[2] I have not listened to much Rick Ross, but I would argue that Jay-Z’s, Raekwon’s, Notorious BIG’s, and the others that Touré listed like Nas and the Wu-Tang Clan’s hustler tales are more morally ambiguous.

[3] See Cornel West’s chapter, “Nihlism in Black America,” in Race Matters. I should credit West for trying to connect a cultural with a structural analysis. However, the problem with cultural analyses of poverty and inequality is they usually bend conversations towards lamentations about bad and/or “anti-social” behavior. West’s focus on nihilism leaves little space for the discussion of structural reform because his proposals are amorphous at best. Advocating for a vague “politics of conversion” and “love ethic” sounds good rhetorically, but West’s appeals are too therapeutic and they do little to appeal to either policy and/or organizing strategy.

[4] Michelle Alexander, The New Jim Crow:  Mass Incarceration in the Age of Colorblindness (New York:  The New Press, 2010).

[5] I would also argue that many hip hop artists recorded scores of political/protest songs during the Bush Era (2000-2008). Rap artists like Dead Prez, Nas, Jadakiss, Boston’s The Perceptionists (Mr. Lif and Akrobatik), Gang Starr, Big Boi, Pharoahe Monch, Talib Kweli, Paris, Oakland’s The Coup,  Immortal Technique, Mos Def, and even Jay-Z and Kanye West have recorded songs documenting their views about the Bush Administration, racism, Hurricane Katrina, and the Iraq War to name a few topics. I would also add Erykah Badu to the list even if she does not fit comfortably in any boundaries. My very short list of artists illustrates how both marginal and mainstream artists used their music to comment on explicit political topics.

[6] Mason, Cody. Too Good to Be True:  Private Prisons in America (Washington, D.C.:  The Sentencing Project, 2012). For profit prison corporations like the CCA have also benefitted greatly from detaining ‘illegal’ immigrants as well. See Mason, Cody, Dollars and Detainees:  The Growth For-Profit Detention (Washington, D.C.:  The Sentencing Project, 2012).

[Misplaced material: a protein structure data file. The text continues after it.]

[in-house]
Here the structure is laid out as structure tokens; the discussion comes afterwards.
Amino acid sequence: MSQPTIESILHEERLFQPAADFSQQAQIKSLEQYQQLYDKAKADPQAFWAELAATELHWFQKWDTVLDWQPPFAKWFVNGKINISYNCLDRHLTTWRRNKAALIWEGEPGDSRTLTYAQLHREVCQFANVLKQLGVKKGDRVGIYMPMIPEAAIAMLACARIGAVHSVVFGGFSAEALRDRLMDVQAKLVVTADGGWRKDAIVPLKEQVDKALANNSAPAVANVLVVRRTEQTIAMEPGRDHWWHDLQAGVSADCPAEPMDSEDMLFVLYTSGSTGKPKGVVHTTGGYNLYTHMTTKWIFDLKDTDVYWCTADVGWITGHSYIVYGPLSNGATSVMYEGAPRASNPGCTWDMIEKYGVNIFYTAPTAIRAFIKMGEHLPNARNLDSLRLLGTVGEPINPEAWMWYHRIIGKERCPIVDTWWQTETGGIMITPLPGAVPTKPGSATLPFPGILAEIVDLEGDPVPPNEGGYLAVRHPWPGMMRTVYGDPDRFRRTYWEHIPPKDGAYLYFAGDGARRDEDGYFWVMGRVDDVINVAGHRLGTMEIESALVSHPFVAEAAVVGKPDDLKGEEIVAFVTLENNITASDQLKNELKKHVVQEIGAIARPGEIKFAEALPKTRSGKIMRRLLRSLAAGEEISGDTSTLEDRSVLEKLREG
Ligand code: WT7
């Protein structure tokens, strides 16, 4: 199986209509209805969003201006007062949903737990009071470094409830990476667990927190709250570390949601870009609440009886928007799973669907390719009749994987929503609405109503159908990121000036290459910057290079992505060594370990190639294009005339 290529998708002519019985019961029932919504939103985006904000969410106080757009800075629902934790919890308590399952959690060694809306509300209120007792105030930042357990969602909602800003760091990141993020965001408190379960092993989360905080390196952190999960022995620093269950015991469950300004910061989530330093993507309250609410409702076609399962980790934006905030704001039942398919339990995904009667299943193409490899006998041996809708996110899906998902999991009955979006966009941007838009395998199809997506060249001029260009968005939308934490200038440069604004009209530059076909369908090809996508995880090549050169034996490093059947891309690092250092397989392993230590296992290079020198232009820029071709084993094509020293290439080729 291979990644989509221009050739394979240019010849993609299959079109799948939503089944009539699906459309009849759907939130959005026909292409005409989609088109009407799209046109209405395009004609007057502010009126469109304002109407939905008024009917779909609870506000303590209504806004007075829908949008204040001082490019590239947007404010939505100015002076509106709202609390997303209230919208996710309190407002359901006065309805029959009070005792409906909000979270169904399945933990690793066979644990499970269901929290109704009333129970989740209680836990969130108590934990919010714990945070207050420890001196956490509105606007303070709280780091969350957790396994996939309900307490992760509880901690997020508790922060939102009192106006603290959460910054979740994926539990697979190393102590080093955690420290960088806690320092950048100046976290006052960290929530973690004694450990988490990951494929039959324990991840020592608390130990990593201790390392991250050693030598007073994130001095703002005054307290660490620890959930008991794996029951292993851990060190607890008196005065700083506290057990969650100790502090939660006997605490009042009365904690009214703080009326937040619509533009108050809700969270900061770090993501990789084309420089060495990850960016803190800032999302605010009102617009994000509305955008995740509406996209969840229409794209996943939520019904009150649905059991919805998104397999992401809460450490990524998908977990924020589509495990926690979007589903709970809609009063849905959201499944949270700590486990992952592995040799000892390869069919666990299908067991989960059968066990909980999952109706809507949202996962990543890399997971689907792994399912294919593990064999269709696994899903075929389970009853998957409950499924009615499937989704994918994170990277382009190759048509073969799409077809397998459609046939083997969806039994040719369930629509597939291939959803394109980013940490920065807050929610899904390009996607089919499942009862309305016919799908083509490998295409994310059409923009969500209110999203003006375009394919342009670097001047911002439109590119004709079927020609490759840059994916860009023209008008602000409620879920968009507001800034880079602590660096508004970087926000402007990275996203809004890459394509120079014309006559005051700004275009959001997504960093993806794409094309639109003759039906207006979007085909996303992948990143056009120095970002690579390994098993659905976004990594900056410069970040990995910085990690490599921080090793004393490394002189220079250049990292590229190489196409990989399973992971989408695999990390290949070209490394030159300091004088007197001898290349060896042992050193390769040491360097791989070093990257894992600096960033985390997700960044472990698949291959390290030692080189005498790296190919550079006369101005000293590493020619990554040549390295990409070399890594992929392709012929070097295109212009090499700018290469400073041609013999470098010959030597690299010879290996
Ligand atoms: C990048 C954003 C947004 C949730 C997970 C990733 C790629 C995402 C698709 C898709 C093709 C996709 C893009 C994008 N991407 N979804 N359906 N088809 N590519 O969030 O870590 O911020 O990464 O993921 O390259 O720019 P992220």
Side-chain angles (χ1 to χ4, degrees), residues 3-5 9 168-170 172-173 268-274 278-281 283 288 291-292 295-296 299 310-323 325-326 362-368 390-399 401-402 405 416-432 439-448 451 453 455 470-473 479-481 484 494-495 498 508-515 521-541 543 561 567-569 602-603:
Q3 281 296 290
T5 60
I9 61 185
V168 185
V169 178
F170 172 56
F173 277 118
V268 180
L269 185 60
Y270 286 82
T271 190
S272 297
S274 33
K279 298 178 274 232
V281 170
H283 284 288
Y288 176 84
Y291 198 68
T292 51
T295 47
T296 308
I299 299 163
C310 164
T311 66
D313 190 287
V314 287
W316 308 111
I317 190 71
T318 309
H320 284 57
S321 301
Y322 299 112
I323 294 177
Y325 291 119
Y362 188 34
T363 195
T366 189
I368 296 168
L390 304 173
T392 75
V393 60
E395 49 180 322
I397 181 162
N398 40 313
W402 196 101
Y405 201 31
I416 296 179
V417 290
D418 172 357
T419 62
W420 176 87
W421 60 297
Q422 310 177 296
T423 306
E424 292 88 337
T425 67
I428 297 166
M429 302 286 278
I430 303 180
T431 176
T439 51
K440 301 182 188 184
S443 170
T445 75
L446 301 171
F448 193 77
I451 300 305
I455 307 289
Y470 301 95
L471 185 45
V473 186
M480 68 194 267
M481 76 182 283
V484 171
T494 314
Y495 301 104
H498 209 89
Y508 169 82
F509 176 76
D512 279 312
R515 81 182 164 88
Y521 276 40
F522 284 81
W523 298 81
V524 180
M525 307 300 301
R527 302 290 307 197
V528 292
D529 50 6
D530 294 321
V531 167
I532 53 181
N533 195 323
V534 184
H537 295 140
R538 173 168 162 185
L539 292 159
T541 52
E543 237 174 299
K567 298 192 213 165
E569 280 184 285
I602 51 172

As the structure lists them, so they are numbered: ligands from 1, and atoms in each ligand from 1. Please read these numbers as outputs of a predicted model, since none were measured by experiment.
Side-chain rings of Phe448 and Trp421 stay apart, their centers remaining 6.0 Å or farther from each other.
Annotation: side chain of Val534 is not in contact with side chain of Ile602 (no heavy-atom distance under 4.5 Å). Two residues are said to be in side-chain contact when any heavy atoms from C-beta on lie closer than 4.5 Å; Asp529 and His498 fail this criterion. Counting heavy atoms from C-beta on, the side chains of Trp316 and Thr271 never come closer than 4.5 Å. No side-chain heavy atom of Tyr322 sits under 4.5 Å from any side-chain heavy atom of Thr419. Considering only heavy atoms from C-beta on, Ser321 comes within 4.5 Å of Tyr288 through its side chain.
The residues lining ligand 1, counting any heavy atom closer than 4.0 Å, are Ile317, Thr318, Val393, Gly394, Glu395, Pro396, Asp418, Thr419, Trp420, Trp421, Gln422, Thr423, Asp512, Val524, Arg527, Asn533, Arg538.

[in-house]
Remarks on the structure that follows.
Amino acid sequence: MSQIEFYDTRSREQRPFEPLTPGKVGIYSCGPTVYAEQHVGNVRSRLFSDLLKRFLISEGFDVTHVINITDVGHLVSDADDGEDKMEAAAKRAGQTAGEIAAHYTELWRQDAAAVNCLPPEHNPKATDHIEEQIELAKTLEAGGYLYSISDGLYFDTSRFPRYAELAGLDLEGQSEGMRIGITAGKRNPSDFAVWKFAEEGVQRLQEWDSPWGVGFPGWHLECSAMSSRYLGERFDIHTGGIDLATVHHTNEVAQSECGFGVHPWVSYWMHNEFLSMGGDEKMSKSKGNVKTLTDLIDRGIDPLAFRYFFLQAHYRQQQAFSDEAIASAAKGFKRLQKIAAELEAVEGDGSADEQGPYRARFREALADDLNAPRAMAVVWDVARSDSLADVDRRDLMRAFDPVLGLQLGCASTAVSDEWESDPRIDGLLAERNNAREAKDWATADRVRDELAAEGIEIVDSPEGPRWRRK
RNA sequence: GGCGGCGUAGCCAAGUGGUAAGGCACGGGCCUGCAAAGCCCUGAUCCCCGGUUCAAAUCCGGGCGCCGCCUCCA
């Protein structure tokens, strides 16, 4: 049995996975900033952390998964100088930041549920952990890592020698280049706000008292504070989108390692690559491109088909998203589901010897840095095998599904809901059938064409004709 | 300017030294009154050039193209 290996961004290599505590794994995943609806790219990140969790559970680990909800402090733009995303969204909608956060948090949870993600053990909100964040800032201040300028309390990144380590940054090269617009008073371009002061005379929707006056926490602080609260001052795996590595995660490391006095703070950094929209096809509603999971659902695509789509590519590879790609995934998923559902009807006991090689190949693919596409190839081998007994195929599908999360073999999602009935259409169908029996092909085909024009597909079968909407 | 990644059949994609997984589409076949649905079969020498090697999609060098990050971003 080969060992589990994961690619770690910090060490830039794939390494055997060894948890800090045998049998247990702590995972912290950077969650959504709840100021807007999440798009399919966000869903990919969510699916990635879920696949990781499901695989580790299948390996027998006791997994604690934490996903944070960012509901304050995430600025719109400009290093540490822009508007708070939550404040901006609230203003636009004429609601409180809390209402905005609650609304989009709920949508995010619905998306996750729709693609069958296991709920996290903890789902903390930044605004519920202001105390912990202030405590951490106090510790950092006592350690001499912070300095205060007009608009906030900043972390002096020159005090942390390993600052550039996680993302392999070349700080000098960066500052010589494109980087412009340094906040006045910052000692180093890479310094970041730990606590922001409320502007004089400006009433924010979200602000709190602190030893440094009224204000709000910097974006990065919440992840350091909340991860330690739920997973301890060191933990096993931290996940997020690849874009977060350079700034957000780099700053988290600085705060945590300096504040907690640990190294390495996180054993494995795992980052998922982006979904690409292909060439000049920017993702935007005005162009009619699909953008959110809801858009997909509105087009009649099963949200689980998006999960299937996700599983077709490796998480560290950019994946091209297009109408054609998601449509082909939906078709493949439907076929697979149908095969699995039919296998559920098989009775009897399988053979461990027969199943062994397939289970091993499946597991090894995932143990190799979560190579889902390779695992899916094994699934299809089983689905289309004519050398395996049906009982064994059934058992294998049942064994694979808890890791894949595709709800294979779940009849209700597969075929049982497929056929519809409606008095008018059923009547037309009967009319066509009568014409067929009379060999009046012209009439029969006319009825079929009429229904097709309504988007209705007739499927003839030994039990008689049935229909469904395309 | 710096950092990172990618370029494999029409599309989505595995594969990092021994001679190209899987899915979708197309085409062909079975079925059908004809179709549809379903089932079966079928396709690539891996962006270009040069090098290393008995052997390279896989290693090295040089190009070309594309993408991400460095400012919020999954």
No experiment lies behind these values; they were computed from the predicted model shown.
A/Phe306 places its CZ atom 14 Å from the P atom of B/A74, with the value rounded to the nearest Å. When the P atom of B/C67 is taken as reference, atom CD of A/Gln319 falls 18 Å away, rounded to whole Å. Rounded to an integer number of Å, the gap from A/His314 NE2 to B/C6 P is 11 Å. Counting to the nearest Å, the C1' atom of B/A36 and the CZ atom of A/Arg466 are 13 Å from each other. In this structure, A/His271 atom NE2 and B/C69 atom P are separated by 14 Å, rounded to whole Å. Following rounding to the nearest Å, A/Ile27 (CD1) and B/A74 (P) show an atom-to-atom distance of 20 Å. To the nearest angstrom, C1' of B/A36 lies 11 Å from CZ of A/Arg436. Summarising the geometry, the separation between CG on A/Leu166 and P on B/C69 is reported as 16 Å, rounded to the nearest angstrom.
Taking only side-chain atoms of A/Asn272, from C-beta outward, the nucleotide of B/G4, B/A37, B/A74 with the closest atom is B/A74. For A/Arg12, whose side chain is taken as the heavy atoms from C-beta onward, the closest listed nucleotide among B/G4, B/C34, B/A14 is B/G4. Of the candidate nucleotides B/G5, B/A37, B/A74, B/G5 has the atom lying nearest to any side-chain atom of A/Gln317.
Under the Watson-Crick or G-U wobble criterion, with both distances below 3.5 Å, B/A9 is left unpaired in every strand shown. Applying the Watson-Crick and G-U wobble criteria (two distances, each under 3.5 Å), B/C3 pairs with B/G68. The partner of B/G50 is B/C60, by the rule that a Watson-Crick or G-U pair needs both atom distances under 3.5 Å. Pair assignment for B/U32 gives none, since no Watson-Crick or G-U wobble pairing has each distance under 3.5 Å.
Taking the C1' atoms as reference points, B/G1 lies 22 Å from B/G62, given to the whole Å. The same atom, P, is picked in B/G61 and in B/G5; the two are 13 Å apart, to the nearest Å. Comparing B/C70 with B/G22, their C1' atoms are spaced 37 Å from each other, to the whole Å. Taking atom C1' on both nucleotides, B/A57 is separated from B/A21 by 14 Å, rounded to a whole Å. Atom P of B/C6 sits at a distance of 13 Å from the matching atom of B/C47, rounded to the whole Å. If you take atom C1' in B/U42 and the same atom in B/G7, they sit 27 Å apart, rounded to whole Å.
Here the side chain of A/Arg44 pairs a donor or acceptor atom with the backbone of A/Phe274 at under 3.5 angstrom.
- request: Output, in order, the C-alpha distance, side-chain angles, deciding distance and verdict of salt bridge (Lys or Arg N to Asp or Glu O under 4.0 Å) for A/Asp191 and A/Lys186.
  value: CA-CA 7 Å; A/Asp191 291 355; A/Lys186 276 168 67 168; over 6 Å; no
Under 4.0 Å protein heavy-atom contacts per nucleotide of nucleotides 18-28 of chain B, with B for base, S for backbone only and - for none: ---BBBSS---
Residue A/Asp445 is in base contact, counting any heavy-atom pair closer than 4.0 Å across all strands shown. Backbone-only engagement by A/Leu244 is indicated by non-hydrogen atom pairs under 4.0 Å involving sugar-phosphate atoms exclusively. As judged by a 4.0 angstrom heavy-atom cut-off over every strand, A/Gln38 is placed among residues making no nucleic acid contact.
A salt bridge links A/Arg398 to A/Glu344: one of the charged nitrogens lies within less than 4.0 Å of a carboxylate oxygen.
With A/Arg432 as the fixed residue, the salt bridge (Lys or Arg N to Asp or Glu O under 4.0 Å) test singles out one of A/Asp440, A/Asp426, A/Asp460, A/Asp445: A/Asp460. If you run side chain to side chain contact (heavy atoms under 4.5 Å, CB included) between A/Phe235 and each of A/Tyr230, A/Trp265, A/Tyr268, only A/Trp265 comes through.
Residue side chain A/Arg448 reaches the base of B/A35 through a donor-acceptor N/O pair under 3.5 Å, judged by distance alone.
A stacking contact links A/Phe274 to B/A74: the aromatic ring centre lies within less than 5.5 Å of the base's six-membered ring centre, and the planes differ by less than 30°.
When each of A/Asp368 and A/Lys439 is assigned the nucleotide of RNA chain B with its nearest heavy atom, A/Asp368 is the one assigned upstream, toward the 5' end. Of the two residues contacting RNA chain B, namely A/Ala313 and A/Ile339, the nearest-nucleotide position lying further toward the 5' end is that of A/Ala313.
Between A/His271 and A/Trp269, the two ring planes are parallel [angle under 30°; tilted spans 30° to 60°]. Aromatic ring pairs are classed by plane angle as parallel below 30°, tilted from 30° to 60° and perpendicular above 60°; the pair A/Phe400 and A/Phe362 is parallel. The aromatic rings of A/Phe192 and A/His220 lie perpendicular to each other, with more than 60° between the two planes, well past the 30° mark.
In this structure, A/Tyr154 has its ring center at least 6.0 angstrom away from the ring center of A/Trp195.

[7] Loïc Wacquant argues that the ‘ghetto’ and the prison are locked in a “deadly symbiosis” where each ‘peculiar institution’ overlap one another in their function as a mechanism to contain and control lower-class black Americans. Alexander builds upon Wacquant’s concept in The New Jim Crow. See Loïc  Wacquant, “Deadly Symbiosis:  When Ghetto and Prison Meet and Mesh,” Punishment & Society, Vol. 3, Issue 1. Also see, William Julius Wilson, More than Just Race:  Being Black and Poor in the Inner City (New York:  W.W. Norton & Company, 2010).

[8] The use of Reagan’s voice also points to the implicit argument that the U.S. state—the CIA—participated in the federal government’s web of deceit by supporting Nicaraguan guerillas distributing narcotics in U.S. cities. See Alexander, 6.

[9] Scholar Jonathan Simon makes the point that the logic of the War on Terror stemmed from the drug war in his book,Governing Through Crime:  How the War on Crime Transformed American Democracy and Created a Culture of Fear.

[10] Nope. Shit, I could make a better argument that black politics has failed black America, but that may be for another article. Yep, shots fired.

Posted in: Hip Hop